IMG_1907Farfel Cake

  • 10 tablespoons of butter
  • ½ cup sugar
  • 1 tablespoon oil
  • 1 egg
  • 2 teaspoons vanilla
  • 2 cups flour
  • pinch salt
  • 2 teaspoons baking powder
  • smooth apricot jam

Method (I use a food processor for making dough)
Cream butter, sugar and oil. Add unbeaten egg and process. Add flour and rest of ingredients (except jam) to mixture. Make a firm dough. Grate half of
the mixture into a well-buttered pie dish or springform pan. Put a layer
of jam over it – I use most of a small bottle; then grate rest of dough over the jam and bake at 350° for about one hour. When cool, sprinkle with confectioners sugar. Cut and serve.

Guest Post from a Cousin


Dear Esther,

After returning bloody, bruised, and blistered from our Yam L’Yam Shvis Shvil, Shaina and I were determined to cook a Shvis Shabbat feast (Shvis = Shavuot in Bubbe language). We wanted to remember Bubbe, but didn’t have the time or energy to make her blintzes – we could barely walk after 75 kilometers of climbing steep hills, walking through dry wadis and scurrying around (or into) boulders in just one and two half days! So, we opted for her sweet kugel instead.



Finding the right kind of noodles was the first challenge. FYI, there are no Manischewitz brand “wide egg noodles” here in Israel. The closest thing I could find was a slightly different, thicker type of egg noodle, which I think ended up making the kugel a bit denser than I would have liked. Long story short, this recipe is easy, but if you try making it healthy-“ish” it just doesn’t work (as we learned the hard way!). Bubbe didn’t skimp out on her use of “hoil” and eggs – neither should you if you attempt to make this one at home.




What am I going to do without you, my kambuchi kitchen goddess, next year? I’m already getting sad you are leaving in just 2 months. On the upside, I know great things are about to come your way! And with that, here’s to more Schuster-Shealy Israeli adventures both in and outside of the kitchen!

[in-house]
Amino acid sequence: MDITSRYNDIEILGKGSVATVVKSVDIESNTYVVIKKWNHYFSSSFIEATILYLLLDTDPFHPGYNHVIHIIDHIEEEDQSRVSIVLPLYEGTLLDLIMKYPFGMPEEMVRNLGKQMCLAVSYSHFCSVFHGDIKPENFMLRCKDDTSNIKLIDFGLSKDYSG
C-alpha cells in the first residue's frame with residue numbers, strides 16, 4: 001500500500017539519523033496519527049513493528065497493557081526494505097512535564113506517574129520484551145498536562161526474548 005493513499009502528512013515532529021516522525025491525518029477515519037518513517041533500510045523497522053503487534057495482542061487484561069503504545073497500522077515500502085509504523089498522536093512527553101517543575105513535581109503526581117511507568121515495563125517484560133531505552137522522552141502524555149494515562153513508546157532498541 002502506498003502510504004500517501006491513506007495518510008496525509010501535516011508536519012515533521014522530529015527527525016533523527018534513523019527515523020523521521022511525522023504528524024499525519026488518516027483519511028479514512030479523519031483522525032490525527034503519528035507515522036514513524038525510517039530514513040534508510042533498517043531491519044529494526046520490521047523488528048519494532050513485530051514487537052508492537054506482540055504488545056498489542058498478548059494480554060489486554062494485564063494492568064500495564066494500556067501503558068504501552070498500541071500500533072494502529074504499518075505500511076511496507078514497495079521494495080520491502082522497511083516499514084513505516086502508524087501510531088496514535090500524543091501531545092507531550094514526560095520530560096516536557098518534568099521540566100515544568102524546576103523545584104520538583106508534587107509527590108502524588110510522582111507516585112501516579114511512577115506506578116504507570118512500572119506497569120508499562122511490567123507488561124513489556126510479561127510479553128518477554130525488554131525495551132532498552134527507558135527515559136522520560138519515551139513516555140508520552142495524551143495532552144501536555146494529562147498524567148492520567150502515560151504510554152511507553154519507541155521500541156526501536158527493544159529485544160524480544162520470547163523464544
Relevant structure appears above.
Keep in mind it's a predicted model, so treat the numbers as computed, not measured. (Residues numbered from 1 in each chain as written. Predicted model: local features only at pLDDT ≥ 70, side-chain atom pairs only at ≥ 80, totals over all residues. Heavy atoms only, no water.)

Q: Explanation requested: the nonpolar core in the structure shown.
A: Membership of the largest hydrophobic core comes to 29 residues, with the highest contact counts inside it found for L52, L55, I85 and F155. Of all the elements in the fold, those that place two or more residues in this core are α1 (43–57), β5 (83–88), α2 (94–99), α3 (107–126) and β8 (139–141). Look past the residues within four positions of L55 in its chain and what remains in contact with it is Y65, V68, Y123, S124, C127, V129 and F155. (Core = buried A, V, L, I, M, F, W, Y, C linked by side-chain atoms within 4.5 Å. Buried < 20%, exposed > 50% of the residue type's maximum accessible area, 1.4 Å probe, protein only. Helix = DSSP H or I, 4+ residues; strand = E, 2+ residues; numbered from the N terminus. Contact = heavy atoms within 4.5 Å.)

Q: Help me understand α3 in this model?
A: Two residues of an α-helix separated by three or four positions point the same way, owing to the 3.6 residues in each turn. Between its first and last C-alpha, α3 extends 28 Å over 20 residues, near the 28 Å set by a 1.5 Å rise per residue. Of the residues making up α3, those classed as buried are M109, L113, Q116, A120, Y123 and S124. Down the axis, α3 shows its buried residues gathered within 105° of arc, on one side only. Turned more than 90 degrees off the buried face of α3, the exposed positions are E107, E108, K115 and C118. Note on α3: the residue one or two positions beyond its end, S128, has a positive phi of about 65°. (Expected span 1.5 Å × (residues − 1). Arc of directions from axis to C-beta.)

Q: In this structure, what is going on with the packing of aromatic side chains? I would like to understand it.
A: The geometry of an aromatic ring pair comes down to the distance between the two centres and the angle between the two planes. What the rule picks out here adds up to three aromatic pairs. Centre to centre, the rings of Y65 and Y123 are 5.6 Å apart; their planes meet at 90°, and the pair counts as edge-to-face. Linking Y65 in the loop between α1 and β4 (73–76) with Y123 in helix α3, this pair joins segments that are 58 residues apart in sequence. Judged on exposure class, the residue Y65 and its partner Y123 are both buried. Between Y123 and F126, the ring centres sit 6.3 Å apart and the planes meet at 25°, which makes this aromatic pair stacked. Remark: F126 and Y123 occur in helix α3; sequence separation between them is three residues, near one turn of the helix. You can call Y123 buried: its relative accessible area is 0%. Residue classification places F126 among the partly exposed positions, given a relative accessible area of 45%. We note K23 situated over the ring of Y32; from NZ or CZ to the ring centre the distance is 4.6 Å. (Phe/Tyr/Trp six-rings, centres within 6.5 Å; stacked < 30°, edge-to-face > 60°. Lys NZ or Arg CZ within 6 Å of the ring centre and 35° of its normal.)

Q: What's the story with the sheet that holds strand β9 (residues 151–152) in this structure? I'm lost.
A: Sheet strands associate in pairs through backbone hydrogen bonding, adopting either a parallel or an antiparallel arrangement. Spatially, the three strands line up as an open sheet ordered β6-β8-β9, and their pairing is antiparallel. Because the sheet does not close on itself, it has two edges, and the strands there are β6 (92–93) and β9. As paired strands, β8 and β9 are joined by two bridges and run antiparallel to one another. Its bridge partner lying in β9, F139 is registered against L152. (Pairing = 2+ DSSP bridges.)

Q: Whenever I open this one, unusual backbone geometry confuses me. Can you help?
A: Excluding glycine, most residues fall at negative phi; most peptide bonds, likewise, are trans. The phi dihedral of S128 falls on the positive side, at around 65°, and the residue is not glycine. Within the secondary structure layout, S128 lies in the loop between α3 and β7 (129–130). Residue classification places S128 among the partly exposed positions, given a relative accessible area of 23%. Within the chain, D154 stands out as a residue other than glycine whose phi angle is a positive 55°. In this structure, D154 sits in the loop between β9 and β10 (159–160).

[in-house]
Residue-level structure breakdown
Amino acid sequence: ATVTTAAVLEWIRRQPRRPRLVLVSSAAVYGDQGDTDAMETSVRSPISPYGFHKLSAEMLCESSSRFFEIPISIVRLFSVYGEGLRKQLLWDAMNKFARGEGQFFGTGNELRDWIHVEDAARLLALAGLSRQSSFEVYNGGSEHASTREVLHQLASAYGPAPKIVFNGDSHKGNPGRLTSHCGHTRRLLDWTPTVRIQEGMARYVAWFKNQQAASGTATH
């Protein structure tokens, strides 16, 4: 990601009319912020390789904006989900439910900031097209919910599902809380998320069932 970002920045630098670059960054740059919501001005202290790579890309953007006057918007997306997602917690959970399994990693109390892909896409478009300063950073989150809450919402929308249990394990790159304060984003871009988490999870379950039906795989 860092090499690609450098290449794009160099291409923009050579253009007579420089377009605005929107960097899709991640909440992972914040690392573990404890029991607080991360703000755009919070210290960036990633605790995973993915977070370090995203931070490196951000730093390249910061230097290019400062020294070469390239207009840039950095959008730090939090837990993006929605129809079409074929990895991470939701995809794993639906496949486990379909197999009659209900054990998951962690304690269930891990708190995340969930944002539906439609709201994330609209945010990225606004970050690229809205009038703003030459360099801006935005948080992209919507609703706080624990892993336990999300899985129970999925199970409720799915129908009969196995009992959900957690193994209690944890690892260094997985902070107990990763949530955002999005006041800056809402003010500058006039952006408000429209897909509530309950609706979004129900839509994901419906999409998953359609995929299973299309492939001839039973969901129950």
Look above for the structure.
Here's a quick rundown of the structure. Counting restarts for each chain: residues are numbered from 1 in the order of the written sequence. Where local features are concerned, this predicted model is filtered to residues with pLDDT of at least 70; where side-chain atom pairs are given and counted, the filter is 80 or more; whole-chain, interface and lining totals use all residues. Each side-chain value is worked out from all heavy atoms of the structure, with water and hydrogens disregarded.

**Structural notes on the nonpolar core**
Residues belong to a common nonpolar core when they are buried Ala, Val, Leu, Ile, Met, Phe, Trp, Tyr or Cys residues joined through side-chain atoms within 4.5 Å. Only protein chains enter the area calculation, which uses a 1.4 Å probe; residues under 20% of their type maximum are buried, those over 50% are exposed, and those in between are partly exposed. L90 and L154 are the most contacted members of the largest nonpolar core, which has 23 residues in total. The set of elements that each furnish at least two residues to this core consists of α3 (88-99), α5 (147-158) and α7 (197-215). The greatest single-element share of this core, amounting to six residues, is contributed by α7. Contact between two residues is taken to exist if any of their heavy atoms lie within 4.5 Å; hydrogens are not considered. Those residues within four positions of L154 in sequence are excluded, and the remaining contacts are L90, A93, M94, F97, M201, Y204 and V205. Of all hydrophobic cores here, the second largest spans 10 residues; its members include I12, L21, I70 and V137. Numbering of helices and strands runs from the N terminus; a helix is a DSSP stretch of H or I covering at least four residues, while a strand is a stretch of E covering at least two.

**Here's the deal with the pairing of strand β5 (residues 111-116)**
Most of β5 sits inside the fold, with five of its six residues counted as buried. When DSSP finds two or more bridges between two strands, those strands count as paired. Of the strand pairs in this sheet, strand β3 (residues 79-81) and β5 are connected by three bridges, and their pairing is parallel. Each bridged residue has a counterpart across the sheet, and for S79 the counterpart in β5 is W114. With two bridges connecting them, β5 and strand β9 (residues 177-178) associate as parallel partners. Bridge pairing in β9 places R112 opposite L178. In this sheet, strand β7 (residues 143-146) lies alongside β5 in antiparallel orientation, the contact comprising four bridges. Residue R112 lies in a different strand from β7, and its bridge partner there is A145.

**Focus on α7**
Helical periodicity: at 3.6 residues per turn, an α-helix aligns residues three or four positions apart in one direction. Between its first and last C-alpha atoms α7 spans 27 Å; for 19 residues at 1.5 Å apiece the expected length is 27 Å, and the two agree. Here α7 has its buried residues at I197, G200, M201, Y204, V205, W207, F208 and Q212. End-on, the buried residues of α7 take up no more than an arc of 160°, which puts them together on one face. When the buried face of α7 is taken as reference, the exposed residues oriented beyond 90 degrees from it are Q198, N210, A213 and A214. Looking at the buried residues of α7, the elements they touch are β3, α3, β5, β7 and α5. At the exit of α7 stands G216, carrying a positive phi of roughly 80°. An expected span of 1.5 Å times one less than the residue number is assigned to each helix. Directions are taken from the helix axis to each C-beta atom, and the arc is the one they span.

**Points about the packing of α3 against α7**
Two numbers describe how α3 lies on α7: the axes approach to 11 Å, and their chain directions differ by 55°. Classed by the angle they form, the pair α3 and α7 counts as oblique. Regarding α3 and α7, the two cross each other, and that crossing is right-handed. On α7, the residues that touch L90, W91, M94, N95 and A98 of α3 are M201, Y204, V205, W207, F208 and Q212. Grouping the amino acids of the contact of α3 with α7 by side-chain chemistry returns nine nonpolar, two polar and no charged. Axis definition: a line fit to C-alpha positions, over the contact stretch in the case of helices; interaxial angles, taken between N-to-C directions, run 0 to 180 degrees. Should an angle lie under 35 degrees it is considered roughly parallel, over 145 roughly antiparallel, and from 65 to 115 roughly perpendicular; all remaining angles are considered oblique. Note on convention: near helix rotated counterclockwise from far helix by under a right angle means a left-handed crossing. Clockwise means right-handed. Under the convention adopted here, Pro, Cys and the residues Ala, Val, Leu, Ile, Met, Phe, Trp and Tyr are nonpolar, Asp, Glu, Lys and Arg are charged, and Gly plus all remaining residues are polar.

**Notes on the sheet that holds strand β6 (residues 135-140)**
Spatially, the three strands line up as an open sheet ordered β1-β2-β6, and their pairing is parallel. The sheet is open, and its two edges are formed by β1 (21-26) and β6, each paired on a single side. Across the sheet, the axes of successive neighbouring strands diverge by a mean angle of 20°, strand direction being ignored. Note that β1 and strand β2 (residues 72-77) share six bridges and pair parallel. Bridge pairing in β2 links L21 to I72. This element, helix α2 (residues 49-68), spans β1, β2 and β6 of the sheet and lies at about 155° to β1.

Love, Naomi.


Bubbe’s Sweet Kugel 

  • 2 packages Wide Egg Noodles (Manischewitz brand is preferable, if available)
  • 1 lemon (juice and zest)
  • 1 orange (juice and zest)
  • 3 green apples, diced (I used 4, some green, some red—depends if you like tart or sweet and what is in
  • season)
  • 1-2 cups raisins (Bubbe didn’t actually ever measure—so just eyeball it)
  • 2 cups sugar
  • 6 eggs, beaten (I used 2 eggs and 4 egg whites but the egg whites didn’t hold the kugel together so
  • well…)
  • 4-5 tsps. Vanilla (once again, according to personal preference)
  • Cinnamon to taste (I use A LOT!!)
  • Canola Oil (for pan) and maybe add some to kugel as well if you want to truly cook like Bubbe!


Preheat oven to 350 degrees Fahrenheit (180 degrees Celsius). Boil noodles until a little less than fully cooked (they shouldn’t be hard but not so soft they are falling apart); Drain. In a separate bowl mix together diced apples, raisins, sugar, lemon zest, and orange zest. Add noodles to this mixture. Then add lemon juice, orange juice, vanilla, and cinnamon. Stir in eggs.

Heat a tablespoon or two of oil (canola) in bottom of 13 x 9 x 2 glass baking dish for a few minutes until it starts to bubble/pop. Pour noodle mixture into prepared ban. Sprinkle with cinnamon and sugar. Cover with aluminum foil and bake for approximately 30 minutes. Let cool. Can be served at room temperature or re-heated in the microwave.